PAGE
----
Rod Dreher, a writer for whom I have a lot of admiration and respect, nevertheless has a tendency to overstate things, especially when those things pertain to his lived experience. Likewise, he has an unfortunate tendency to assume the worst intentions of people who push back against the conclusions he draws from his experiences. Those two flaws—which I shamefacedly confess to sharing—were on full display in the minor kerfuffle over this post. I won’t recap the mud-throwing, but suffice to say that I think Rod’s critics are right in their substantive critiques (Jemar Tisby’s, in particular), and that this whole episode might have been avoided by pondering for a few minutes longer the wisdom of defending transparently bigoted remarks by a transparently bigoted politician.

But there’s another contour to this thing that’s worth a very brief reflection. Part of what Rod was getting at in his original piece was that political correctness often runs counter to what people actually experience. This is a familiar beat to Rod, and it would be a mistake for people to assume that Rod has a vested emotional interest in punching down on poor people. If I’m reading him correctly, I think what Rod resents is the deliberate turning away from reality in favor of sentiments that play well with people who have no (literal and figurative) skin in the game. I think there’s something to say about that, and in an era of actual “reeducation” by our culture makers, the effects of Rightspeak are worth contemplation.

But I think what I’ve come away sensing is that Rod, and plenty of others, have not given enough contemplation. Instead, they’ve intuitively normalized their own experience of poor communities and downtrodden cultures into an argument. Rod’s desire to look for truth through experience is further confirmed when one considers the letters that he’s publishing as responses, as well as some responses to the responses. I think the best course of action is not only to reconsider tropes and stereotypes about the poor, but also to ask sharp questions of our tendency to equate experiences with an argument.

A lot of people have had a negative encounter with poor people or communities. And many of them choose to reason from their negative encounters to much bigger ideas about the moral quality of those in poverty. The problem with this is that one’s experiences are not worthy of such intellectual power. Yes, our experiences matter, and they can powerfully shape us, body and soul. But it doesn’t take much imagination how reasoning from experience is an awfully selective and unfair enterprise. If your only experience of poor Americans is being accosted by panhandlers, you’re likely going to reason from that experience that poor people are poor because they’d rather stand on the side of a highway off-ramp than find a job. Is the problem then that you haven’t had more experiences with poor people? Perhaps! But even if additional, more positive experiences broaden your horizon, continually over-relying on your experiences to inform you about the world will simply manifest itself in some other wrong, prejudiced, or naive way.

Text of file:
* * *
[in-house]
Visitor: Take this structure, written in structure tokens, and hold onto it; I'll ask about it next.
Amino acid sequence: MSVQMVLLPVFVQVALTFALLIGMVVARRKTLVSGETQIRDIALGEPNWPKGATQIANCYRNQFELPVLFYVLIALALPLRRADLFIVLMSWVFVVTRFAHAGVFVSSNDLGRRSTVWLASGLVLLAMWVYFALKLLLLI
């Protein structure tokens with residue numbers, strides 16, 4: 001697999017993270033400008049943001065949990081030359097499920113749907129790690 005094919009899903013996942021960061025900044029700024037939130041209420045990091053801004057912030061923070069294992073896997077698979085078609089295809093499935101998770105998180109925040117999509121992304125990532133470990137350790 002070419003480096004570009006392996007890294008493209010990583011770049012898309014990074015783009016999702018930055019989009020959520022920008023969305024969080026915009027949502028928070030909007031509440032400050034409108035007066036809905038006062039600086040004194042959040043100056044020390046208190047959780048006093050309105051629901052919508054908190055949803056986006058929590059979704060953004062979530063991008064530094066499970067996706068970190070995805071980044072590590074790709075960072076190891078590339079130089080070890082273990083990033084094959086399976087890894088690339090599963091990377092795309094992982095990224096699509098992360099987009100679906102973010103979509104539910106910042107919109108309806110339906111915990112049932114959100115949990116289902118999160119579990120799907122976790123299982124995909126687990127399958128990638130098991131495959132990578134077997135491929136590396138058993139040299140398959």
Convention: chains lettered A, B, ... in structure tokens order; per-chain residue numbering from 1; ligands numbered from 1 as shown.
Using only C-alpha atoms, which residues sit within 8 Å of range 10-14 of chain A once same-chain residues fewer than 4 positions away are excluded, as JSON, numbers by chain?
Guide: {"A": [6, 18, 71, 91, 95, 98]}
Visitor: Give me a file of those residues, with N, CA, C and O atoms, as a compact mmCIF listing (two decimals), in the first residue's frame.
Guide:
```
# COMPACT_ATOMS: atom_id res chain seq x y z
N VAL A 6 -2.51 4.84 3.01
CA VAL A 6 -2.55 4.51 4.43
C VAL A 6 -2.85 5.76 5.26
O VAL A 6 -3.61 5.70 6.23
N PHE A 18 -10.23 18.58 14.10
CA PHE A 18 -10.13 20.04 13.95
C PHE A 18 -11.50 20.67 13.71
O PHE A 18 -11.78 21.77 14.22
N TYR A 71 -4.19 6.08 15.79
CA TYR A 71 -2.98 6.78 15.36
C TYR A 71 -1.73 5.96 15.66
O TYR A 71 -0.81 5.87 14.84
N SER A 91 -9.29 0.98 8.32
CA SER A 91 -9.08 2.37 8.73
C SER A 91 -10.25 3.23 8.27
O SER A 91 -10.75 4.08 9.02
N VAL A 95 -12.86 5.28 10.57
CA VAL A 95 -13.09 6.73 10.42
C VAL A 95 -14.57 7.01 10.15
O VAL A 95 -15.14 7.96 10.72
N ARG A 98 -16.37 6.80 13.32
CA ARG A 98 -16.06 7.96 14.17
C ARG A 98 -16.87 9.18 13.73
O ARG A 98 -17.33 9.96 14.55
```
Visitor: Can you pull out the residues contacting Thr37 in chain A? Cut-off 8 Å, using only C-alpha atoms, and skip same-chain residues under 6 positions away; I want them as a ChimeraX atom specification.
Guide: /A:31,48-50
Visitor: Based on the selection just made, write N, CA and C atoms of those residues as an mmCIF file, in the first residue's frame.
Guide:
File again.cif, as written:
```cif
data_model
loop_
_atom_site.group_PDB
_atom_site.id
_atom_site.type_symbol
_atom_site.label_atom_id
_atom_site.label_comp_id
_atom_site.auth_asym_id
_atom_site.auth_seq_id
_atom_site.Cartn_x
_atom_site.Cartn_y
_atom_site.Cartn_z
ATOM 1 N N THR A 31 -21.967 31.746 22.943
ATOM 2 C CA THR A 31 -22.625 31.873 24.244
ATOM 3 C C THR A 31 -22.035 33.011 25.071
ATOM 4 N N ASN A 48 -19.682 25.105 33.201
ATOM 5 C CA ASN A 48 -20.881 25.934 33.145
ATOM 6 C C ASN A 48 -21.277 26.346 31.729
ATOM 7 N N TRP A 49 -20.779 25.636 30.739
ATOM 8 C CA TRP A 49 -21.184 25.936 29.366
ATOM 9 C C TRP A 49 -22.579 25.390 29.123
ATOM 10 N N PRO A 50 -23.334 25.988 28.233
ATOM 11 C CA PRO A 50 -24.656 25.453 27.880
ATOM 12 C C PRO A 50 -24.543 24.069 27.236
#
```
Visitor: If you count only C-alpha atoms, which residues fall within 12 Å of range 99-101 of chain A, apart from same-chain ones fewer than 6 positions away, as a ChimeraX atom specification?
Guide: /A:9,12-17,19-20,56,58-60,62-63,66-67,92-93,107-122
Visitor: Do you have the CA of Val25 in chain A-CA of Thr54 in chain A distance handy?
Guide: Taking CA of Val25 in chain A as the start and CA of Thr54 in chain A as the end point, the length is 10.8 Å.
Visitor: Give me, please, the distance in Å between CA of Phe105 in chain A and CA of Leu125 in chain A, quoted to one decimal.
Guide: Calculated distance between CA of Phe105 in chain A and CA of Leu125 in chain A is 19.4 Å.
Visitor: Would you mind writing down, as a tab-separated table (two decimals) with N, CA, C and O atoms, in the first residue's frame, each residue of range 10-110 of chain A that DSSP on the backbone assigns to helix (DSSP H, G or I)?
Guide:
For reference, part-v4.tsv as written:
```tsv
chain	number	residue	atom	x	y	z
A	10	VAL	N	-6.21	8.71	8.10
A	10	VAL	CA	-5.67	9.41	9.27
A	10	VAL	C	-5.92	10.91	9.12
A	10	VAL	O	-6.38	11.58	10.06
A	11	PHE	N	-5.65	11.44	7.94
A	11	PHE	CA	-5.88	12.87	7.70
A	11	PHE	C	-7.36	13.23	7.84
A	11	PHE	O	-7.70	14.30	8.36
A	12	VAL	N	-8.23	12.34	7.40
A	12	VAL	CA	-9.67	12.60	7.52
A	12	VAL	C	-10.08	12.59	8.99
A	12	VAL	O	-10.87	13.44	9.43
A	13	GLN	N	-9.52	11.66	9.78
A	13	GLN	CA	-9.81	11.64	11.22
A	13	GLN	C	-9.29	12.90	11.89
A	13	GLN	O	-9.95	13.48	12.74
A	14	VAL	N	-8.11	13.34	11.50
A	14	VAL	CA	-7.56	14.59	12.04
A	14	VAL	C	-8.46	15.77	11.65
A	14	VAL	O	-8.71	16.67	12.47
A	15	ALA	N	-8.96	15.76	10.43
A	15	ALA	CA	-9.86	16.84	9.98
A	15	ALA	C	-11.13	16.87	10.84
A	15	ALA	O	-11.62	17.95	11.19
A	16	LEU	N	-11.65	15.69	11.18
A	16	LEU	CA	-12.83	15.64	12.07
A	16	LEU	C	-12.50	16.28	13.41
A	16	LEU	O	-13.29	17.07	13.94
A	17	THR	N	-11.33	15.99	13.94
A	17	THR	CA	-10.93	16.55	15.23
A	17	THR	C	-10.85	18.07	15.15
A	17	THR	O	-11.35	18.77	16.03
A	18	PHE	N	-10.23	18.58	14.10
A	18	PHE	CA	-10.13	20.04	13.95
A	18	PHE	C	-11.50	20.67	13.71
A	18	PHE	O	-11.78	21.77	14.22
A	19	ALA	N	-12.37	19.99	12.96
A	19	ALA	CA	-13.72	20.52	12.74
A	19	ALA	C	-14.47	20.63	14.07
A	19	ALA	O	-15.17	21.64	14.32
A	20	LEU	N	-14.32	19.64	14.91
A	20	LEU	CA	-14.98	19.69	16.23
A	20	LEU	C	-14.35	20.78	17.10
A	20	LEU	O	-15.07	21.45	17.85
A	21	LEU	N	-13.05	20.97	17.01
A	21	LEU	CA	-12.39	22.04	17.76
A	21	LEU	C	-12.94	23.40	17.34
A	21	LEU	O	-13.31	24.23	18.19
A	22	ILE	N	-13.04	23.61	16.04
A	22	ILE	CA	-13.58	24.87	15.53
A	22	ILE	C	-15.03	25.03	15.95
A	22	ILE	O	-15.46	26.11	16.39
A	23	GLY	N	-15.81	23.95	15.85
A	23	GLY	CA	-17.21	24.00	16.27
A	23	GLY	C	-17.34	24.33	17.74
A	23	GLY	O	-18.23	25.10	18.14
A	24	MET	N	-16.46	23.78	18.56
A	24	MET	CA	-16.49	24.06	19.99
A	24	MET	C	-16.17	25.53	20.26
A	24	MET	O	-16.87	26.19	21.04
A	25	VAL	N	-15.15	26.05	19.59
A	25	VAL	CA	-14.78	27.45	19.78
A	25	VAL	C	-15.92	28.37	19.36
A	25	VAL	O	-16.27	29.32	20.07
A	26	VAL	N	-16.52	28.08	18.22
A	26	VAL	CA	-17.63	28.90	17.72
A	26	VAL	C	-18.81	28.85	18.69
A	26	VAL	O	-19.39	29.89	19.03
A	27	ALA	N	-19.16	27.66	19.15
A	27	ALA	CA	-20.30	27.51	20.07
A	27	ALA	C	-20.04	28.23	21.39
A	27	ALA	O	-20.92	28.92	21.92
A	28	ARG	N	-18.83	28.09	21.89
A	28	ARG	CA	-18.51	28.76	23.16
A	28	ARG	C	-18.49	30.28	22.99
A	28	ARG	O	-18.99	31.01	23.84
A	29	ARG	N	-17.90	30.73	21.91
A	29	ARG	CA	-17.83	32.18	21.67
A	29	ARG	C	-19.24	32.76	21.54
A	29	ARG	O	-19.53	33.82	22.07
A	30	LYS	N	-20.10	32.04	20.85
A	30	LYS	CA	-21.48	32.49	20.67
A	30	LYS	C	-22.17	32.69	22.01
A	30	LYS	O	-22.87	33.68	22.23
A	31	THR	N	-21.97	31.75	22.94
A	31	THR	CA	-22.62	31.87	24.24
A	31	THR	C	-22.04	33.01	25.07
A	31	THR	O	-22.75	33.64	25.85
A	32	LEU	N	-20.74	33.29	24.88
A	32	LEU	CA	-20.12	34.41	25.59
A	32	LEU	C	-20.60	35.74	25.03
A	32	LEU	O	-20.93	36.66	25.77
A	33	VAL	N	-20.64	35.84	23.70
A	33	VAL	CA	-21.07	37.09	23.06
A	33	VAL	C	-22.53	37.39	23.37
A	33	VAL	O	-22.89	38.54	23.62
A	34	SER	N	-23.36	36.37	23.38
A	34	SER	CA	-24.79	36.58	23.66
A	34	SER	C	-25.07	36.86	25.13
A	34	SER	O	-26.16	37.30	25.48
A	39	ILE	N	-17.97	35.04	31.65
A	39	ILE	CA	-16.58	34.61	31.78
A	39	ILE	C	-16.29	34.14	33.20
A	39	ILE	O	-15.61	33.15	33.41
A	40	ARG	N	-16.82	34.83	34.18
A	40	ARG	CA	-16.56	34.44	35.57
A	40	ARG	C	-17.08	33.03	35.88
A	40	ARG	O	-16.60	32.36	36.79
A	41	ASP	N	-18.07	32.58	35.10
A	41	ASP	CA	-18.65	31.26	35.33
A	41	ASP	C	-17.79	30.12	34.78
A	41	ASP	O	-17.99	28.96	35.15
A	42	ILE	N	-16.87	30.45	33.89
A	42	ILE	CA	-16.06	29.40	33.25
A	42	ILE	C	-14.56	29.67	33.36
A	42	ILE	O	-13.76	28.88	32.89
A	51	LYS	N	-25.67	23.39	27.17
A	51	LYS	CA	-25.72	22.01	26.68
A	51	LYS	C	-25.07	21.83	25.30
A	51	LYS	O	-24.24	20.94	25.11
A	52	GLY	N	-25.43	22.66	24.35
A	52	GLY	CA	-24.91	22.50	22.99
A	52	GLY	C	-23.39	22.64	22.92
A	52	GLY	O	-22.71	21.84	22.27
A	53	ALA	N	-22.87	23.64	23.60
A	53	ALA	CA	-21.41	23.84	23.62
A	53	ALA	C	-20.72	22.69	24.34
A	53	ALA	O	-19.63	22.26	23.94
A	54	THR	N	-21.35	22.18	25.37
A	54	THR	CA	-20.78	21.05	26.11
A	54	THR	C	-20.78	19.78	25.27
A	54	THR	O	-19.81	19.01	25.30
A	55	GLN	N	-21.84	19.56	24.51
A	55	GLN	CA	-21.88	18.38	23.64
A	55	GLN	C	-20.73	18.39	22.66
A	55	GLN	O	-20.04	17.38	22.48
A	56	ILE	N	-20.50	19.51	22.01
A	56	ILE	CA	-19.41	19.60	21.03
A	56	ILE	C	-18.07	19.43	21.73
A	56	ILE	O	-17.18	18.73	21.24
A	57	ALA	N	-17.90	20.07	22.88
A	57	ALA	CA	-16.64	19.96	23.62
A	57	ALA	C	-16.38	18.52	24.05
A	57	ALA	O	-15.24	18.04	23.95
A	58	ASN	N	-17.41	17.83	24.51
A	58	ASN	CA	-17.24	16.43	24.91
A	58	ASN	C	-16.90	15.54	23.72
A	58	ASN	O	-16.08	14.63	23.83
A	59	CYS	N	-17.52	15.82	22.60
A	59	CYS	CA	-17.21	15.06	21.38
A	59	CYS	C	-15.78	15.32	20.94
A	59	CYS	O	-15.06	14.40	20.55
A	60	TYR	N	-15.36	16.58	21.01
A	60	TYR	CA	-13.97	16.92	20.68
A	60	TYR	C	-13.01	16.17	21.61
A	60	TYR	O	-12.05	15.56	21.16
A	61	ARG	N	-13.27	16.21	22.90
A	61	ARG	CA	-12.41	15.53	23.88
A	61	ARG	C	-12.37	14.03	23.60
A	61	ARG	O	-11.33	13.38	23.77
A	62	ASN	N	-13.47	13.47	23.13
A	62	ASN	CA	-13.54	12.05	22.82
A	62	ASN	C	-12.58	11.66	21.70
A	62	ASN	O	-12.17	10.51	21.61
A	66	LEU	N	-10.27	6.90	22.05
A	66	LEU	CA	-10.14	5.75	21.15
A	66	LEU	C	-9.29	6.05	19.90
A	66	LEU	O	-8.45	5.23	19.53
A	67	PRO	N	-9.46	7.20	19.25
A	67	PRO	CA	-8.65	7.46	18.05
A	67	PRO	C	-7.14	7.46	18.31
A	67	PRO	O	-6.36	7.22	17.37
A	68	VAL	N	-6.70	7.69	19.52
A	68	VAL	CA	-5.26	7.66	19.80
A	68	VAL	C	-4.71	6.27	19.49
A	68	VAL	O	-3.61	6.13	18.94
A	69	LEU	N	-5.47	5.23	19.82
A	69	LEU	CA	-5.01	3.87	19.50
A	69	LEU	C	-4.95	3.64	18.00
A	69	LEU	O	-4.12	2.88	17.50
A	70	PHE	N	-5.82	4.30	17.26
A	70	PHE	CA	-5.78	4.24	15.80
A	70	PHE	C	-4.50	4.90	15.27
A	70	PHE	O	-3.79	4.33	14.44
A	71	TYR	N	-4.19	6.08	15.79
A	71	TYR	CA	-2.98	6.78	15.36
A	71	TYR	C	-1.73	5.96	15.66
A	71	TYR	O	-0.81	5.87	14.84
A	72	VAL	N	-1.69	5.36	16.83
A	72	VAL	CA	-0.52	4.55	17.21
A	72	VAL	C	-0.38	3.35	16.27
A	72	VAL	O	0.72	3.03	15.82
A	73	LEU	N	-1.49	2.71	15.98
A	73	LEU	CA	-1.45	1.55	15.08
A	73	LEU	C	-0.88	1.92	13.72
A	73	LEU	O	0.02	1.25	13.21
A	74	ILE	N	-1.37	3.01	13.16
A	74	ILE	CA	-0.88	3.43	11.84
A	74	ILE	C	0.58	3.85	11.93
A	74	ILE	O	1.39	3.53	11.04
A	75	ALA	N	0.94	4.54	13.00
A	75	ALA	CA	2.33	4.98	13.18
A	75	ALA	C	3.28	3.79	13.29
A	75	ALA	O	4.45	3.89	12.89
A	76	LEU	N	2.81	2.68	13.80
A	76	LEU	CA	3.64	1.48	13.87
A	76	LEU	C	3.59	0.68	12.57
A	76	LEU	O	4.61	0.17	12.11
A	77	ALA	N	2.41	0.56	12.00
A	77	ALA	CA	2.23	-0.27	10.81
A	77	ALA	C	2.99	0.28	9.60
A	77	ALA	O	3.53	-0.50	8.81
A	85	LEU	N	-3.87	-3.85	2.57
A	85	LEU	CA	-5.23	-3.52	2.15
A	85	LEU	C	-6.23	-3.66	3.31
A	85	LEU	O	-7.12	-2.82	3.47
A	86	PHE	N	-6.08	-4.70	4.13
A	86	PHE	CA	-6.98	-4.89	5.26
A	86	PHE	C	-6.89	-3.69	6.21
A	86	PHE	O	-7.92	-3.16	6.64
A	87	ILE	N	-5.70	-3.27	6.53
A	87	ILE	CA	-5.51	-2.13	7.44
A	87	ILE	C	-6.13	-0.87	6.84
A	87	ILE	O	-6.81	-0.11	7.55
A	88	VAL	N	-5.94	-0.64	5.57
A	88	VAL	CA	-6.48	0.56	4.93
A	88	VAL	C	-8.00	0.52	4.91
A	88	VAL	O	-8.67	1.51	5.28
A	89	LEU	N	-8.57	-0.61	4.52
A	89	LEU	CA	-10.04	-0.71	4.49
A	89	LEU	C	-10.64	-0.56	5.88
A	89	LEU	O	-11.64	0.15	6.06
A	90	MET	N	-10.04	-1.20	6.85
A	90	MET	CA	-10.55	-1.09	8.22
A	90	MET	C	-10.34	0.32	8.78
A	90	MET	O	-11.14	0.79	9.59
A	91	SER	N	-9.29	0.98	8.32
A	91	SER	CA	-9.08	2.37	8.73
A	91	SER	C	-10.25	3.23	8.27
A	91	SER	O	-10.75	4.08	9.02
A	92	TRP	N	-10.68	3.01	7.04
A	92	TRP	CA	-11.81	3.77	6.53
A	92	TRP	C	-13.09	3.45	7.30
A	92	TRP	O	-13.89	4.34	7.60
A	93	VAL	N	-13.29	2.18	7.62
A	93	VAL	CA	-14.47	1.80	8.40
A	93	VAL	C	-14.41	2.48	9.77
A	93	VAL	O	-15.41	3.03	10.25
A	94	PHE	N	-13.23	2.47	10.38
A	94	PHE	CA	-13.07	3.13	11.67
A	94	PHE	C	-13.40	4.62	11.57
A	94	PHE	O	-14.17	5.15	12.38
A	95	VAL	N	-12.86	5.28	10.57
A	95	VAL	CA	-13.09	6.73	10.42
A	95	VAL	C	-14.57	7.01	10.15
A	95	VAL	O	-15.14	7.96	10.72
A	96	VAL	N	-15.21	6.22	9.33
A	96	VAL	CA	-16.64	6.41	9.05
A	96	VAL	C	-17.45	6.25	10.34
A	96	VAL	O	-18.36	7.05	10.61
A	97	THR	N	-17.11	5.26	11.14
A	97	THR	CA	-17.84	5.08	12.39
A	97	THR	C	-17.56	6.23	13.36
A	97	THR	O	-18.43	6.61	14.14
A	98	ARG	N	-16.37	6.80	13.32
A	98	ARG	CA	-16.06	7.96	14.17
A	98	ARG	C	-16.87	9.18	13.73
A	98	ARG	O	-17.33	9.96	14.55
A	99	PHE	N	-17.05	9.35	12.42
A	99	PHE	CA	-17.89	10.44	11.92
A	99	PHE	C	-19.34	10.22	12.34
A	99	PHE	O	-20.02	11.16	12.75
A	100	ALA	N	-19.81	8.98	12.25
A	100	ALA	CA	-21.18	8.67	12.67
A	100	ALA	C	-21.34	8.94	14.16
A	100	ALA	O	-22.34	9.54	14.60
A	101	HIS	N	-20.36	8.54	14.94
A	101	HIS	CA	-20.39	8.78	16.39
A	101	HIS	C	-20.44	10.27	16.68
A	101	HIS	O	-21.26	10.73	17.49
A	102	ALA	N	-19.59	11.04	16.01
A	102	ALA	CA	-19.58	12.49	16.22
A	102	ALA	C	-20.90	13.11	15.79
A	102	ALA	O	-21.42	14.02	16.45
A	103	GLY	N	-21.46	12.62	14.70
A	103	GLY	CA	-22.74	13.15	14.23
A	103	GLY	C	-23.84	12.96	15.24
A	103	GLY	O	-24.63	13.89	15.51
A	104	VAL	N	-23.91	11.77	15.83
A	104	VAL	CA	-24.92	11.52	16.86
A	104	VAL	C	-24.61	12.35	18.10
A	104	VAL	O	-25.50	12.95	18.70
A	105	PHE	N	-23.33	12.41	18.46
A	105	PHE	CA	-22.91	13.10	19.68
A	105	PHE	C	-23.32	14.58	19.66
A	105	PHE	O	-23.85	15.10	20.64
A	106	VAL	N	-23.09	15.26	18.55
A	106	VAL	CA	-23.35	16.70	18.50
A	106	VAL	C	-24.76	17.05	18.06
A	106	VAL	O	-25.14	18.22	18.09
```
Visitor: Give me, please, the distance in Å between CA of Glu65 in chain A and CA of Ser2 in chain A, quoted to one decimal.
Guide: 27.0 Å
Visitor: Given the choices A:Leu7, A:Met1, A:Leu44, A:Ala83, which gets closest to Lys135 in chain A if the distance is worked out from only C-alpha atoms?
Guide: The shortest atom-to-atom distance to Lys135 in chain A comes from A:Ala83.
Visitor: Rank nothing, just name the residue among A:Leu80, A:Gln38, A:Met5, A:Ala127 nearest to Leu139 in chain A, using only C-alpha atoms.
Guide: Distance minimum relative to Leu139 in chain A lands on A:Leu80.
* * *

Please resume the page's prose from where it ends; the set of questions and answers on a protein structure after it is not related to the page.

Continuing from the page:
We see this everywhere right now. People who experienced judgement in a church might start a blog in which their experience of a relatively small number of people is extrapolated into huge, sweeping ideas about Christianity or the church. People who experience unexpected illness or health might intuit such experiences to big, specious notions about what is healthy and unhealthy (how do you think the essential oils business runs?). The point is not to discount our experiences entirely. We couldn’t do that even if we tried! The point is that piecing together our experiences and coming to a true knowledge of anything requires more than just gathering as many experiential narratives as we can.

The truth about American poverty lies far beyond the possibility of my experience, because it is indelibly rooted in history and ideas. I cannot visit the south side of Chicago for a weekend and come away with authoritative knowledge about poverty or urban policy. Nor can I justly conclude that a friend, associate, or Uber driver’s testimony is warrant enough for me to be dogmatic about an issue. My experiences and the truth are not coterminous.

I’m convinced that if Christians are going to coherently carry their witness to Christ and him crucified into future generations, we have to insist on this fact. I know Rod agrees with me, because I’ve read him long enough to know he does. I hope that he’ll apply this principle as liberally to issues of poverty and race as he does to modernism and confession.

Gender Equality and Gender War

I have a piece up at First Things today on the sexual revolution, #MeToo, and why women are always the biggest losers in a sexually autonomous society. Here’s an excerpt:

The two most consequential gains of the sexual revolution in my lifetime have been birth control and pornography, both of which have radically shaped the public square in the image of male desire. Both oral contraceptives and abortion have been cast as victories for female liberation, and to the degree that “liberation” means the weaponizing of our bodies against nature, this is true. But it is the men who have reaped the richest rewards (sex without children), without any of the tradeoff. Men, after all, need not concern themselves with the physiological effects of the pill, or with the surgeon’s knife, or with the risks of darkness and depression. It is the liberated women, not the men, who are asked to sacrifice their bodies for equality.